Many traditional Southern dishes call for self-rising flour—in fact, some older recipes might even assume you know that "flour" actually refers specifically to "self-rising flour." Southerners use the staple ingredient in everything from fried chicken breading to cornbread and biscuits to sweet treats like cakes, pancakes, and cobblers. Why do some bakers opt for this type? Using only one dry ingredient saves prep and cleanup time.
If a recipe calls for self-rising flour and you only have plain or all-purpose flour on hand, it's surprisingly easy to doctor up a batch at home. Follow the recipe and steps below for DIY self-rising flour.
Gather the ingredients.
Measure the desired amount of flour into a bowl or container. The most accurate way to measure flour is by weight. Count on about 4 1/2 ounces per cup. If you don't have a scale, stir the flour and spoon it into the measuring cup. Level the flour off (without compacting it) with a knife or the handle of a wooden spoon.
Add 1 1/2 teaspoons of baking powder and 1/4 teaspoon of salt to each cup of flour.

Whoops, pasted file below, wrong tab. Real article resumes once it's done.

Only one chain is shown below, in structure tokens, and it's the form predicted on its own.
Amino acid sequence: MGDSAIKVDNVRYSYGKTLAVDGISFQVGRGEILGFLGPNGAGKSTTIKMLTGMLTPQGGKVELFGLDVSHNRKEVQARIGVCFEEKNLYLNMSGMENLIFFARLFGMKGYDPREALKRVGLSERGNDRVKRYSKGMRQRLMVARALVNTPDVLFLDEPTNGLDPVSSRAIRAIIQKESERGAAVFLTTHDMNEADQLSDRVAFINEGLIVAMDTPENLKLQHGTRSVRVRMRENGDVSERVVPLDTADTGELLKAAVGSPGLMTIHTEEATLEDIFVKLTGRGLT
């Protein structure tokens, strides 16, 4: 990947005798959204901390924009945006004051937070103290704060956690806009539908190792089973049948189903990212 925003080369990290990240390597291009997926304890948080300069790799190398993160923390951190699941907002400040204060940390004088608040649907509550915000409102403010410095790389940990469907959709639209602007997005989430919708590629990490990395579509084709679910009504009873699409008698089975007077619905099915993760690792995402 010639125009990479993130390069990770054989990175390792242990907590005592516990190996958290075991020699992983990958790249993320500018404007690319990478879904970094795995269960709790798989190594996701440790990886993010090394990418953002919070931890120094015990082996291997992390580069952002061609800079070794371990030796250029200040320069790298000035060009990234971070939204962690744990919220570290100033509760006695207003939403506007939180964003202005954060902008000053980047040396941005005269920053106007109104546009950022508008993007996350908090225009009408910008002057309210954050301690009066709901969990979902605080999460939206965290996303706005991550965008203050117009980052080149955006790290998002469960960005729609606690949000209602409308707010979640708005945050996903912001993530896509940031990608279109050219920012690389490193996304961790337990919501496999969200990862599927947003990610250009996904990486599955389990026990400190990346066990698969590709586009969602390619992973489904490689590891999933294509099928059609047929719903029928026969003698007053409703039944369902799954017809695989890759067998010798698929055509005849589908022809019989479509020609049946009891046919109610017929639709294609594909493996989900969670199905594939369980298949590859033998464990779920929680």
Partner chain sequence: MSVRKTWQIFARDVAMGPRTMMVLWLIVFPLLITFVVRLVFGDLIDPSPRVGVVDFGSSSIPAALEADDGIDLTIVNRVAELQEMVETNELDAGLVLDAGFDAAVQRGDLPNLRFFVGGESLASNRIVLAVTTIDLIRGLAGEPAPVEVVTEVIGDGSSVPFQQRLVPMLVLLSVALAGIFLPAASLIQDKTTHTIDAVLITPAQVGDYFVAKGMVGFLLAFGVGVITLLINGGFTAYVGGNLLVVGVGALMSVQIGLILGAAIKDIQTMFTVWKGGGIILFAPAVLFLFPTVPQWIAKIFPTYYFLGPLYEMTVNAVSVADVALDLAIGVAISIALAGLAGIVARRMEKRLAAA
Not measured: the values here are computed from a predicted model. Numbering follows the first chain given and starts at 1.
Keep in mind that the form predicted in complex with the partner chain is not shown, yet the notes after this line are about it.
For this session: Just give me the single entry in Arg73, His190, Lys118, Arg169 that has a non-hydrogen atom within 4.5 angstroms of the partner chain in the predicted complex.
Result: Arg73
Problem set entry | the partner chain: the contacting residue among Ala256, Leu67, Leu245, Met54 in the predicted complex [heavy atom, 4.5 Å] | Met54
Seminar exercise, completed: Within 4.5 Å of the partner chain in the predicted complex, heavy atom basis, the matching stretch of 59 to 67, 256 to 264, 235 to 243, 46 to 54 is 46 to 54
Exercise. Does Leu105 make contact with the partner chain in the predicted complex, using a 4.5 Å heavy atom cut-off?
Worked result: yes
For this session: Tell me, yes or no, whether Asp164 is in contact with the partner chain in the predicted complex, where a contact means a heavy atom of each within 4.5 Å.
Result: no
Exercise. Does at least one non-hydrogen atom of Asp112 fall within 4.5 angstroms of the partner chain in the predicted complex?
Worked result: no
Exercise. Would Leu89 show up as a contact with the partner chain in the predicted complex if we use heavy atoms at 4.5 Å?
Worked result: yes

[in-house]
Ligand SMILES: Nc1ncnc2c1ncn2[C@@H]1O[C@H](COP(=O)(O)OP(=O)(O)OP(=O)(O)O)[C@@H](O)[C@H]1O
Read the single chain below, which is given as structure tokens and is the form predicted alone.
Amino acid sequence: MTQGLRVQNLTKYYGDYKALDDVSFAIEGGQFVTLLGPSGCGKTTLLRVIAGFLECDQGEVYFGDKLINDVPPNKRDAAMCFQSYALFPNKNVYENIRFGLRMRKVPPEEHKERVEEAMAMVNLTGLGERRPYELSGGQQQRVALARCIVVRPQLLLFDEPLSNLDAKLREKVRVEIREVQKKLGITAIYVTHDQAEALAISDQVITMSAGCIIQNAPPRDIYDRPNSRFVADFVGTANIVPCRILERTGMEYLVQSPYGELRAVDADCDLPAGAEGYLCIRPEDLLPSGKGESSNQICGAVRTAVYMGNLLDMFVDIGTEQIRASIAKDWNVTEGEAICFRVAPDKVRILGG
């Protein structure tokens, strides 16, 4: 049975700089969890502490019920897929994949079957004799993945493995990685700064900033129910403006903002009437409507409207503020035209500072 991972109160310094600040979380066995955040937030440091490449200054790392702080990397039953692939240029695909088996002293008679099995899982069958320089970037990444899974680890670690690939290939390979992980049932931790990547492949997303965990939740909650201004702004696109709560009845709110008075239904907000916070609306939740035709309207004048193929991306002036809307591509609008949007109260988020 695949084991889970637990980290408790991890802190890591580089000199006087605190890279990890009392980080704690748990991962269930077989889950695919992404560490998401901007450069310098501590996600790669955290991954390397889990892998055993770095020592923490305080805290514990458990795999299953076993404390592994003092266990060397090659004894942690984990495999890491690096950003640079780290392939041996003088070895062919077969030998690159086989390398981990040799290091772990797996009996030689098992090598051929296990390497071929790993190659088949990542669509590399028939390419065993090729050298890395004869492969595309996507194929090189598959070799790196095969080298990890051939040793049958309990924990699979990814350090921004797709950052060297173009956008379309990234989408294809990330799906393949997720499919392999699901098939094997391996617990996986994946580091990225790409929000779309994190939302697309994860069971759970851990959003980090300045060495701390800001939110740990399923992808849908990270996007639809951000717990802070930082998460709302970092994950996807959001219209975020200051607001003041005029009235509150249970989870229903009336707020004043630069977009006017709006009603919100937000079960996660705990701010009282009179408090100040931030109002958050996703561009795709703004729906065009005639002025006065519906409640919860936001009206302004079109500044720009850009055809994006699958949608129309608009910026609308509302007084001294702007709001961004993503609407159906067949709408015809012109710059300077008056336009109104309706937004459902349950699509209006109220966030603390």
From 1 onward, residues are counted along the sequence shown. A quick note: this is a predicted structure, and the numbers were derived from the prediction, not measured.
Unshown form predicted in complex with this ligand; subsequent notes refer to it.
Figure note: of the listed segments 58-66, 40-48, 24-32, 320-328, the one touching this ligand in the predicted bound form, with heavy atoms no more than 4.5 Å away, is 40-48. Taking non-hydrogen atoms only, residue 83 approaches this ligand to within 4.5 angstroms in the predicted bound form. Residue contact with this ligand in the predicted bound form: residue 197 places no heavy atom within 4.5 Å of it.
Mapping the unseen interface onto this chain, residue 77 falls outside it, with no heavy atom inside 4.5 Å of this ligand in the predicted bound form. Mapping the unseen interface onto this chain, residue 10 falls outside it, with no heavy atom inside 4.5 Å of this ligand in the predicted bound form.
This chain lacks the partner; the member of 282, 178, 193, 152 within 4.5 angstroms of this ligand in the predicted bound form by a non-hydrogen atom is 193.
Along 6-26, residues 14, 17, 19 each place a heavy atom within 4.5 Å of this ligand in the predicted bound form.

Use a whisk or spoon to blend the flour mixture thoroughly before you use it in a recipe.
- Using this self-rising flour in yeast breads or rolls? Omit any salt called for in the recipe.
- If you use self-rising flour as a substitute for all-purpose flour in a quick bread or muffins, leave out the salt and baking powder and add an extra 1 1/2 extra teaspoons of the self-rising flour for each cup of all-purpose flour.
- Self-rising flour does not contain baking soda, so when substituting self-rising flour for all-purpose flour, add baking soda if it is an ingredient in the recipe.
- Keep flour in an airtight container at room temperature for up to 6 months. Whole wheat flour can become rancid; refrigerate whole wheat flour for up to 6 months. If you don't bake often, buy small amounts of flour or keep it in the freezer for longer storage. Bring flour to room temperature before adding it to a recipe.
- Many recipes call for "sifted" flour. Most flours are presifted, but they do compact and settle in storage. Instead of sifting the flour, all you really have to do is stir it with a spoon or whisk and use the spoon and sweep method of measuring. Or, better yet, weigh the flour if a weight is specified. Unless your recipe specifies a weight, a cup of flour generally weighs about 4 1/2 ounces.
- Liquid measuring cups can't be leveled off, so it's best to avoid using a liquid measuring cup for flour. For accurate results, use measuring cups designed for dry ingredients.